Friday, April 12, 2013

Business Etiquette Fuels Relationships

In today's increasingly culturally diverse home business environment saying or doing "the wrong thing" are even greater than ever before. During times today it is historical that four generations who lived through World War II, Baby Boomers, Generation X and Generation Y are together. Each generation has its own style of communication which differs considerably and can cause a multitude of chaos and confusion. Business etiquette principles on all levels must be master as quickly and thoroughly as possible in order to avoid the serious ramifications of inappropriate behavior, bad judgment and insensitivity to others.
Experience and intelligence are no longer enough when it comes to succeeding in a home based business. The years you have spent refining your business skills must now be enhanced by the use of business etiquette. Business etiquette fuels relationships and prevents lost opportunities by helping you to adopt the social strategies, professional polish and confidence. It is necessary to understand and respect others when you are trying to build a relationship with them. Business etiquette is the act of helping you when developing a bond between clients and colleagues. Manners will also help to give you the competitive edge.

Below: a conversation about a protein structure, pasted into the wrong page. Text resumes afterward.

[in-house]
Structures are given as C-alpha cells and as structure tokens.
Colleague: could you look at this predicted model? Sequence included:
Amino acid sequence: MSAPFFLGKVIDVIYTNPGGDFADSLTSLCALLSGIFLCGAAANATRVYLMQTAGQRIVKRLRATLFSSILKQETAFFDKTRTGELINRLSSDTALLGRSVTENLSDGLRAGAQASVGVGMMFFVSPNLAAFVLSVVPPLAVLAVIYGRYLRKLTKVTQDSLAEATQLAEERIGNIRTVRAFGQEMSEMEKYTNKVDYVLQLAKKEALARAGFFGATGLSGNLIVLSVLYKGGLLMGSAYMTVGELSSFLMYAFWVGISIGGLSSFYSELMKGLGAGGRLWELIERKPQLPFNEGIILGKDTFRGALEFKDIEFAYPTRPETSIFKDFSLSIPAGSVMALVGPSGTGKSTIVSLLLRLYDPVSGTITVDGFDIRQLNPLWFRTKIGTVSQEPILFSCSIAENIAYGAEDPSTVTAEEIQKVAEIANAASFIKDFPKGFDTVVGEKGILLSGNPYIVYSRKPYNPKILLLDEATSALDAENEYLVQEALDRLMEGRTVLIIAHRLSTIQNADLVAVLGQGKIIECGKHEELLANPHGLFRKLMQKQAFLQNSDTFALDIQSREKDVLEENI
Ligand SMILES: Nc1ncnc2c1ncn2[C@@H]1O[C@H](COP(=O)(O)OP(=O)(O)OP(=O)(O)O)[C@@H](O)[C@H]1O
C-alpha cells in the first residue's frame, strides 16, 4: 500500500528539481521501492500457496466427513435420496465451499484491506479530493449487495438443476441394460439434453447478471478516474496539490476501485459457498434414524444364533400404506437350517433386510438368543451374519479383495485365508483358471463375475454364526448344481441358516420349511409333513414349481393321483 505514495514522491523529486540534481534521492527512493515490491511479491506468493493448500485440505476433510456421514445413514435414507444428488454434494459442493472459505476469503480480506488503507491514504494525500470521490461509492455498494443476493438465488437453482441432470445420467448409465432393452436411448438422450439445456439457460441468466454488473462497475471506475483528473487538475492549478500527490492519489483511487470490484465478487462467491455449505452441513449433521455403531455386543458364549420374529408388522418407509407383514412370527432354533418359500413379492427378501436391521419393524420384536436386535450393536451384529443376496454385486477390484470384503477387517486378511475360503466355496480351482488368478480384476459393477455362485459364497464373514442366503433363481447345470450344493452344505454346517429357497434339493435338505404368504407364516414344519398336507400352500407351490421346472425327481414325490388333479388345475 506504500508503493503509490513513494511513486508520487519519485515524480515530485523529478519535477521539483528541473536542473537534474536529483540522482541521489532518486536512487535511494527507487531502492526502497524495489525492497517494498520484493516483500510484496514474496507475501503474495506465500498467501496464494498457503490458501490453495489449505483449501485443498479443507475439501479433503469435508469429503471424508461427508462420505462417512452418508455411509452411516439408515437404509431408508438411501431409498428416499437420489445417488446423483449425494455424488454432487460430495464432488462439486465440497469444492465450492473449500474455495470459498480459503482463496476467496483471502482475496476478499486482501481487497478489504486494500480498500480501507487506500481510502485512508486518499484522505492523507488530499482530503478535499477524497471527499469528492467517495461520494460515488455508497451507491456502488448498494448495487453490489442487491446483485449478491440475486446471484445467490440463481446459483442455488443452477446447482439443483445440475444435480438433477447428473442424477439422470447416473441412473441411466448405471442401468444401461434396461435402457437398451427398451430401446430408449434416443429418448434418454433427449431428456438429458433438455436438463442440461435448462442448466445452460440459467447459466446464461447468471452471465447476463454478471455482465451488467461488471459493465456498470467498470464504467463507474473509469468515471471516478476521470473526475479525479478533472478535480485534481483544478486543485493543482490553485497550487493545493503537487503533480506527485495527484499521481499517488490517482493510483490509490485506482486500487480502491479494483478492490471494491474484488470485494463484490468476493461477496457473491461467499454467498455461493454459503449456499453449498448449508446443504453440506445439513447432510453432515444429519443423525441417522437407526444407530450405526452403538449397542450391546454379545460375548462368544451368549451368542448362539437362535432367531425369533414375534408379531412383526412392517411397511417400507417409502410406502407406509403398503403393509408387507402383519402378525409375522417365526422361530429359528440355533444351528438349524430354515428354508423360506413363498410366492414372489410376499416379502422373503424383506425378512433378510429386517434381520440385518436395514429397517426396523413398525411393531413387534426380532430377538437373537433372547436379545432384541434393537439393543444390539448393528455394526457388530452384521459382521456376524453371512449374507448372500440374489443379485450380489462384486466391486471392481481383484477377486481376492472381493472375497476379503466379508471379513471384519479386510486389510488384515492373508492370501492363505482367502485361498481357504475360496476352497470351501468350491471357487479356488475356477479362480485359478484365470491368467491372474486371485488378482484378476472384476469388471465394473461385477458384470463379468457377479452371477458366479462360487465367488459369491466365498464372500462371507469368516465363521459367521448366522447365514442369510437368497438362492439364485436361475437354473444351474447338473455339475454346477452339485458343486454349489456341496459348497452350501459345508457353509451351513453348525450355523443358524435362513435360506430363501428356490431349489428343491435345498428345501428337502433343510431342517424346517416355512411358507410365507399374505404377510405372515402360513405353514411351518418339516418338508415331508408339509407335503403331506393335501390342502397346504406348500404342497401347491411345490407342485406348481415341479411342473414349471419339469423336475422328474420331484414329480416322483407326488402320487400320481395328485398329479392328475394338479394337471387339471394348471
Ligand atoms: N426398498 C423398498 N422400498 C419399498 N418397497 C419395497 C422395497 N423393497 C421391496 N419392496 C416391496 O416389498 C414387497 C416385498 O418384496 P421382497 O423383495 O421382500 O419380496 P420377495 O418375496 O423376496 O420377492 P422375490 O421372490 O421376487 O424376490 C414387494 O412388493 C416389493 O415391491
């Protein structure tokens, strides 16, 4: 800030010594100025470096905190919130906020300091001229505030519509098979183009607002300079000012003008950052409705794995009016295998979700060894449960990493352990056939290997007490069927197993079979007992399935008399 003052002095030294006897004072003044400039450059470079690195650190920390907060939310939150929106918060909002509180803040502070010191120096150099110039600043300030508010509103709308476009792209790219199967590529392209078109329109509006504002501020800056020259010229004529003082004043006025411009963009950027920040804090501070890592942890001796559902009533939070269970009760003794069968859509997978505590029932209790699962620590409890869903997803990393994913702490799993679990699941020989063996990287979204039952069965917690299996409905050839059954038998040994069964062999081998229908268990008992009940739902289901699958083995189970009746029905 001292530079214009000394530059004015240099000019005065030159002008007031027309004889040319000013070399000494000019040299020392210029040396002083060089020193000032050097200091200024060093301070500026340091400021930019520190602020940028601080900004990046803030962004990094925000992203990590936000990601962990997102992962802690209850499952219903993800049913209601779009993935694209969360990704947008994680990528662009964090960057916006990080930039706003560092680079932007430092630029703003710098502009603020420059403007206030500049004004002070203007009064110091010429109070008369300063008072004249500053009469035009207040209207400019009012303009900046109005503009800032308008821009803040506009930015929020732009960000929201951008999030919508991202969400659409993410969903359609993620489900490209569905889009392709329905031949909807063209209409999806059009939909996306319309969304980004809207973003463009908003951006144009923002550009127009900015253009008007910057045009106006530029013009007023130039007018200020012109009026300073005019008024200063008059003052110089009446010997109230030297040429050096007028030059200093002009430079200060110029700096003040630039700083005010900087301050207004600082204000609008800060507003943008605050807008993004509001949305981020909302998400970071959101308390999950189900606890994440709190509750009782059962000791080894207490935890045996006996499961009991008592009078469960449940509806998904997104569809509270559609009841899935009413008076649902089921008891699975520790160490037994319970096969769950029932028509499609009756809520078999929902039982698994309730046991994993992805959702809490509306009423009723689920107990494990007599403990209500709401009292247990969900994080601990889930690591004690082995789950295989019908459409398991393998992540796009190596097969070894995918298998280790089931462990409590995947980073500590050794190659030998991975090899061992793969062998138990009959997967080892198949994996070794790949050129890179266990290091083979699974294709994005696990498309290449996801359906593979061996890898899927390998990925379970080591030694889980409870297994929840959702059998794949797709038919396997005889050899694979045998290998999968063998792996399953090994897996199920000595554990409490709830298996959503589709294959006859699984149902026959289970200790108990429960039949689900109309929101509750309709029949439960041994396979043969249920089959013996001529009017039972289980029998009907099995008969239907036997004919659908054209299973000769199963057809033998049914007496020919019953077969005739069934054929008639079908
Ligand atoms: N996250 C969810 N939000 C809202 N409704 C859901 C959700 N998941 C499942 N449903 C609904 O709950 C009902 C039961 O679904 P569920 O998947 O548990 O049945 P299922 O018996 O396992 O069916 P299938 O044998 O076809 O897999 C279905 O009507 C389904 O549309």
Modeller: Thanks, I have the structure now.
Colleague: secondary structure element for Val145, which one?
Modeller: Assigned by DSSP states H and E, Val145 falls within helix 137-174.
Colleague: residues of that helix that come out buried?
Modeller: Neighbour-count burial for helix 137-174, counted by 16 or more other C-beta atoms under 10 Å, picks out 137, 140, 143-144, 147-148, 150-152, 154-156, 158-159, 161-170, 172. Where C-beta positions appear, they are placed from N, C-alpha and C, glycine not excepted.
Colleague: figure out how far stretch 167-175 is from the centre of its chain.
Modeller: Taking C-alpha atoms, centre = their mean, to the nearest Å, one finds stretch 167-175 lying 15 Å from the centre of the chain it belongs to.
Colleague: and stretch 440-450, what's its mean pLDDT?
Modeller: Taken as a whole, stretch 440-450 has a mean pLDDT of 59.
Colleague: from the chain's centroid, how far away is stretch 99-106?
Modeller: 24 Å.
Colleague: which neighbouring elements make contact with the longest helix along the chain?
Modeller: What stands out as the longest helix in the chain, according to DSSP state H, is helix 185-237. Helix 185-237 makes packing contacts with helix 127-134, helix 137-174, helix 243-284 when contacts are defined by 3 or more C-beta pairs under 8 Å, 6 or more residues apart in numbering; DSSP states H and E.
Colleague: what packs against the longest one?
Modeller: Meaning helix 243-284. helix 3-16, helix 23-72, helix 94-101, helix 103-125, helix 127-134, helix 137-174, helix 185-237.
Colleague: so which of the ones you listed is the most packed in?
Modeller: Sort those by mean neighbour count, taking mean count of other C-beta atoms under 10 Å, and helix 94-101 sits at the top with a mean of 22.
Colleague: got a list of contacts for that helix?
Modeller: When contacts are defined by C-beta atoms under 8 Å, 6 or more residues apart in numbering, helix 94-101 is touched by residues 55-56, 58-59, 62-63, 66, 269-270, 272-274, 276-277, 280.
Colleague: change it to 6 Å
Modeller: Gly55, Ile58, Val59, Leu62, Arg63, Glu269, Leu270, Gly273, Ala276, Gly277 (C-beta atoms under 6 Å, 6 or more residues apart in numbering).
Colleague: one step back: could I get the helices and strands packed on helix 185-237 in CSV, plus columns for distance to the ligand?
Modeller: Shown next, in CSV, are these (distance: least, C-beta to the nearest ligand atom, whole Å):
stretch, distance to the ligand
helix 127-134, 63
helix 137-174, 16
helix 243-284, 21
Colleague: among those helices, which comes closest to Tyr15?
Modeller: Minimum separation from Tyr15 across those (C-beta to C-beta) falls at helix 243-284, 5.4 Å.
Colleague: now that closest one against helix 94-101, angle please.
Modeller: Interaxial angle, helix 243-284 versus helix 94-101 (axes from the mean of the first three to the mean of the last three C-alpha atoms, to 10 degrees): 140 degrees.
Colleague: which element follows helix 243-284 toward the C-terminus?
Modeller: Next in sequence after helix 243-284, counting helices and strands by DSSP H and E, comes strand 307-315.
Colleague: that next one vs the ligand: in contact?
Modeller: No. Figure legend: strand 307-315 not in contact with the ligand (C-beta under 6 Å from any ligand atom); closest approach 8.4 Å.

Have you ever forgotten a person's name after being introduced? Have you ever forwarded an e-mail to the wrong person by mistake and not realized it? These could possibly damage your reputation and effectiveness as a business owner and can reflect unfavorably on your company. Listed below are three courtesies to remember when on a speakerphone:

  1. Tell the person on the other end that they are on a speakerphone.
  2. Identify each person who may be in the room.
  3. Remember to tell them why they are present during the conversation.

Also listed below are three tips when leaving a voice mail message:

  1. Remember to pause between your first and last name when leaving a message.
  2. Be sure to spell difficult names slowly.
  3. Leaving your phone number at the beginning and end of your message.

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